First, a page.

Sunday, December 9, 2012

Ford hybrids don't live up to MPG hype - maybe

Ford hybrids don't live up to MPG hype - Consumer Reports - Dec. 6, 2012:
The EPA estimates that both the Fusion Hybrid and C-Max Hybrid get 47 miles per gallon in both city and highway driving. In Consumer Reports testing, the Fusion Hybrid got 35 mpg in city driving and 41 on the highway. That works out to 8 mpg less than EPA estimates in combined city and highway driving. The C-Max hybrid, meanwhile, got 35 mpg in city driving and 38 on the highway in the Consumer Reports test. That's 10 mpg less than EPA estimates in combined driving.
"This is the biggest discrepancy of any current model," said Jake Fisher, head of auto testing at Consumer Reports.
But this probably isn't the important story - it seems that driving style impacts fuel consumption most in the vehicles that can be most efficient, as the story at CNN goes on to imply.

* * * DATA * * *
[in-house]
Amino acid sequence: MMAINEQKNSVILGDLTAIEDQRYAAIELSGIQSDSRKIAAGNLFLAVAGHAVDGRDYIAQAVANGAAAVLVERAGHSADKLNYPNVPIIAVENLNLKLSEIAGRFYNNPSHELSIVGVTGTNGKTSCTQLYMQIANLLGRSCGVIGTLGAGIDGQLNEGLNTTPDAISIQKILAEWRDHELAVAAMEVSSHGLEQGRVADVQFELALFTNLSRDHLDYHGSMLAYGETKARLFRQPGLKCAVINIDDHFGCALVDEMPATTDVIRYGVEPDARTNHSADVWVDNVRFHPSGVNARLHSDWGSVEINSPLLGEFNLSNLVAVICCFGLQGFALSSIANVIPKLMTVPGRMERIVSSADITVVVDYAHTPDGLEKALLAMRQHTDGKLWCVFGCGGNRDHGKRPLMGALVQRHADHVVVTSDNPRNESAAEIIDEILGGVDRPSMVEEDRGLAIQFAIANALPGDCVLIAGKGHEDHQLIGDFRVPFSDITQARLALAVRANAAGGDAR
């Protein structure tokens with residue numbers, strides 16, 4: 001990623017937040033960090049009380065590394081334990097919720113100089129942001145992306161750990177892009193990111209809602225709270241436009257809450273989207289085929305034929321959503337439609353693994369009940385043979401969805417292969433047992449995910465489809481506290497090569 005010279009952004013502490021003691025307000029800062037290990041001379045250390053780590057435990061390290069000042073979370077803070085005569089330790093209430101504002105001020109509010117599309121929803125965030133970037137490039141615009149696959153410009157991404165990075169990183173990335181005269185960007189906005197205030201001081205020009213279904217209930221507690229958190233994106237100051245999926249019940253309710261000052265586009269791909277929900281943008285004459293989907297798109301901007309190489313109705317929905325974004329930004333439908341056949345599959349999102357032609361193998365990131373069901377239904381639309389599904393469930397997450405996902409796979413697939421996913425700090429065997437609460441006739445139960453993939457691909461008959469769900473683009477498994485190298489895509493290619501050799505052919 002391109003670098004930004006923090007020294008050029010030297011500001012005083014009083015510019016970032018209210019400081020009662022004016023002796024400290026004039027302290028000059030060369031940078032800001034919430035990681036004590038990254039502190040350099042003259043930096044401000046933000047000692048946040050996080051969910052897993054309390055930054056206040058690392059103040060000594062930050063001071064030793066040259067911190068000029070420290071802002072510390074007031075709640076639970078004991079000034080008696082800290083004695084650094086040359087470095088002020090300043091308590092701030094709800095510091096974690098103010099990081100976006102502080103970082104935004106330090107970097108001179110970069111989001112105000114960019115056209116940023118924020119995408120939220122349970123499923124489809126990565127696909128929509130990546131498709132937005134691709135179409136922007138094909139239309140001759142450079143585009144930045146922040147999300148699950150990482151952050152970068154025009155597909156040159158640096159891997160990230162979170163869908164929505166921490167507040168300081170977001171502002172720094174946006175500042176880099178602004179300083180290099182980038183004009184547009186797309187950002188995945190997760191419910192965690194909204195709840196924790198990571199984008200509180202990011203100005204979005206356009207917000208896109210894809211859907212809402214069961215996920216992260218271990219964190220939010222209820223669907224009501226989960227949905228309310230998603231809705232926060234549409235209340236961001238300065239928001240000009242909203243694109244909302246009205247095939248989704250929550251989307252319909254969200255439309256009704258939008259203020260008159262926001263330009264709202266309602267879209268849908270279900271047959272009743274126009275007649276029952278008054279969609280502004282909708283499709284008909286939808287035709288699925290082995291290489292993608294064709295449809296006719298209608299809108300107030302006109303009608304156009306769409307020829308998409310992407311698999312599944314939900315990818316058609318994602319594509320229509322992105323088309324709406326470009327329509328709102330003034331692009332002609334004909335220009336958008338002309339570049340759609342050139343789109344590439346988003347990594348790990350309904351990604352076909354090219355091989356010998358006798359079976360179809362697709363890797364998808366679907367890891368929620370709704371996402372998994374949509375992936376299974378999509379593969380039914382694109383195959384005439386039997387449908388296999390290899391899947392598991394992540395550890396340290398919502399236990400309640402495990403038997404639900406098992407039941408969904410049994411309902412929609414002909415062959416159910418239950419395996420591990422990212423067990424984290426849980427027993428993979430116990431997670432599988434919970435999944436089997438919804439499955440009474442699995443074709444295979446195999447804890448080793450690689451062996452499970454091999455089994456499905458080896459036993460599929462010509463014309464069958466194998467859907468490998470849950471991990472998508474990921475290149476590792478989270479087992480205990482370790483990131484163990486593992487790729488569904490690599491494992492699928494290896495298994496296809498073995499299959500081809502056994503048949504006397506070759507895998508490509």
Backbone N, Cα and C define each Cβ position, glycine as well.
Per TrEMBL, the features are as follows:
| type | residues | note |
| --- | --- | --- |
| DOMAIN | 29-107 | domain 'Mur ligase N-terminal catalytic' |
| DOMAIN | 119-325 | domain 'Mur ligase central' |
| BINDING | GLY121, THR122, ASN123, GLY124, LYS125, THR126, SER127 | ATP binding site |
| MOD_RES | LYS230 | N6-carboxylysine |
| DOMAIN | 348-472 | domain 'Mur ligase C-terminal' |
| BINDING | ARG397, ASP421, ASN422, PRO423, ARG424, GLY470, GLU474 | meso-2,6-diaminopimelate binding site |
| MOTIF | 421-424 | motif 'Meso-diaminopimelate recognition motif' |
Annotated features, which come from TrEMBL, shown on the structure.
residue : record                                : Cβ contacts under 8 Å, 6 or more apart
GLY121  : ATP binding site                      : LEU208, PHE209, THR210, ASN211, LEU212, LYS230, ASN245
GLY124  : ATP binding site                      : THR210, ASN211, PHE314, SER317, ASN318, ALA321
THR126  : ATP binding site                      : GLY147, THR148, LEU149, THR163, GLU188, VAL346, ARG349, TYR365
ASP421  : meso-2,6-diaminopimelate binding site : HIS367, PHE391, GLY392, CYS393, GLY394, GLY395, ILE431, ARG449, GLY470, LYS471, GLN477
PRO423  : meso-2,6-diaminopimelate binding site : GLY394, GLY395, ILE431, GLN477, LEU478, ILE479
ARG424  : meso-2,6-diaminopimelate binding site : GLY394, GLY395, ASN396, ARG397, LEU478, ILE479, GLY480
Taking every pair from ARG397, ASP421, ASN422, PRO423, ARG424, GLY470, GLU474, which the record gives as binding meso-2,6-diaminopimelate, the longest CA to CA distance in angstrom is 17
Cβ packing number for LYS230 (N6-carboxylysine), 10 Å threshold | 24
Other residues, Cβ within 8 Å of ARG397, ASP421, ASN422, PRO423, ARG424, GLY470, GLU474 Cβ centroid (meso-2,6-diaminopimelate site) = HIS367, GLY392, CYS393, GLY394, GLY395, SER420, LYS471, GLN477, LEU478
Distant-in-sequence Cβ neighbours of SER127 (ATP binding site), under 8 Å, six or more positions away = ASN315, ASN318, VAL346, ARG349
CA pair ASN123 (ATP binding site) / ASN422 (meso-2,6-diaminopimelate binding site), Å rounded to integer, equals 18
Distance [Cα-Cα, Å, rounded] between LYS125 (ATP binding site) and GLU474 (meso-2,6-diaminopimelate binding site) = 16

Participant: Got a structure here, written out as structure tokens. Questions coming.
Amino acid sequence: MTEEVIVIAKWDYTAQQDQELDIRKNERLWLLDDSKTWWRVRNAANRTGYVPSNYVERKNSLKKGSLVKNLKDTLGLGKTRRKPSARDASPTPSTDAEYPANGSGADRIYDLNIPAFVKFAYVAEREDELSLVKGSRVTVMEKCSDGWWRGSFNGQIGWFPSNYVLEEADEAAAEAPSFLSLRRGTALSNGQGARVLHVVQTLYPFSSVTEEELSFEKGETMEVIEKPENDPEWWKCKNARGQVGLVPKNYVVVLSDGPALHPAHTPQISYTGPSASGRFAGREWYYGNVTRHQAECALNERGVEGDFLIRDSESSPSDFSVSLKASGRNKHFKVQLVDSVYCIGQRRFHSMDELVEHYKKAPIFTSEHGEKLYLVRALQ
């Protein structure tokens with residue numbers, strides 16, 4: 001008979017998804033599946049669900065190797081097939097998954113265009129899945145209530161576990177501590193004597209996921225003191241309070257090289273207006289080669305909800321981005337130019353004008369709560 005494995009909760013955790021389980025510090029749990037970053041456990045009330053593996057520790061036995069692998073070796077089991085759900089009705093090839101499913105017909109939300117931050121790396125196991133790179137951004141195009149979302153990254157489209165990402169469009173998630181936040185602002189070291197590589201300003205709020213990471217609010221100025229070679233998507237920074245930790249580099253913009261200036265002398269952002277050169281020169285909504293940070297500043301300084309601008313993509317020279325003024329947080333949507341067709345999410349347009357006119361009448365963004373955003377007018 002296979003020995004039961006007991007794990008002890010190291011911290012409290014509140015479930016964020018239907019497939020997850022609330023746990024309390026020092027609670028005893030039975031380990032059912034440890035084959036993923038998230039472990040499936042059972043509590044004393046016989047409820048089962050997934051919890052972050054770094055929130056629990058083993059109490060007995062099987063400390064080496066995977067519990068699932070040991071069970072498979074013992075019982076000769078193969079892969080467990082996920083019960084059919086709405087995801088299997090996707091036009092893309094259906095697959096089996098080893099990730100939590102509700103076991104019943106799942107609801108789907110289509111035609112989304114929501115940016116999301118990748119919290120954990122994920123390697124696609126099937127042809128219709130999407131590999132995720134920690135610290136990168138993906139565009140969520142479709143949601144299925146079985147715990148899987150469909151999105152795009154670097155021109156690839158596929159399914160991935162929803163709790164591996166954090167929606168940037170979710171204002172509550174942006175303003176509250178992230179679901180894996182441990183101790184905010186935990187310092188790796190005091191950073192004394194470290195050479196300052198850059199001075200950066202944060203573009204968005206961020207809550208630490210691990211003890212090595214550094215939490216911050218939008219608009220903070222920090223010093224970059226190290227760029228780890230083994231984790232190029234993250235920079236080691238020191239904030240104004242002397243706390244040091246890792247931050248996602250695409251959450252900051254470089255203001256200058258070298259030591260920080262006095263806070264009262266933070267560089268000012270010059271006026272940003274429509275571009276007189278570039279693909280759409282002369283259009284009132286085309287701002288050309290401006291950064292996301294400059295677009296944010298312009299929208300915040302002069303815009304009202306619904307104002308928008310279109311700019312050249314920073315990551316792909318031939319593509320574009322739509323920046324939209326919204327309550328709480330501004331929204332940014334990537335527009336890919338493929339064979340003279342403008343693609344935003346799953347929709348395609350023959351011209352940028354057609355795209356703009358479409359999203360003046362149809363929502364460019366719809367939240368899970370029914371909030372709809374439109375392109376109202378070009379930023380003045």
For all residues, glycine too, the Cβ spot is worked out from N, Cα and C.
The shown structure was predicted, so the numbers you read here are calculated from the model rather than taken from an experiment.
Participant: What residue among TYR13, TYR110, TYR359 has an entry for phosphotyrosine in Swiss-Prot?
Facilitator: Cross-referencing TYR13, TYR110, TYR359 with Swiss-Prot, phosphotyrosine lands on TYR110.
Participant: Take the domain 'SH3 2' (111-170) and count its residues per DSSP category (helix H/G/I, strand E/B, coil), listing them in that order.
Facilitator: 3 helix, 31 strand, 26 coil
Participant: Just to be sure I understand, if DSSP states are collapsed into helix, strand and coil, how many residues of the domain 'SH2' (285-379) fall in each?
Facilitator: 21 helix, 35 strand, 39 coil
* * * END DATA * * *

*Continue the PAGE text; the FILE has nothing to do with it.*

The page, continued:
At least some owners have had good experience with the fuel mileage in both vehicles, Ford said in a statement.
"Early C-MAX Hybrid and Fusion Hybrid customers praise the vehicles and report a range of fuel economy figures, including some reports above 47 mpg," the automaker said. "This reinforces the fact that driving styles, driving conditions, and other factors can cause mileage to vary."
Differences between EPA and Consumer Reports fuel economy testing are usually larger for hybrid cars than for others. For instance, following Ford's (F, Fortune 500) C-Max and Fusion, the next five vehicles with the biggest discrepancies are all hybrids, according to Consumer Reports. They are the Toyota (TM) Prius C, Toyota Prius, Honda(HMC) Civic Hybrid, Infiniti M35h and Lexus ES300h.
The driving style is important beyond the hybrid vehicle world.
Recently a family member test drove a large vehicle (the Honda Pilot) and commented after the drive it was  a bit of a game to keep the "ECO" light on.
All vehicles can be more or less efficient depending on how they are driven, including frequency.
The excellent Do the Math blog "Easing Off the Gas" entry illustrated this.

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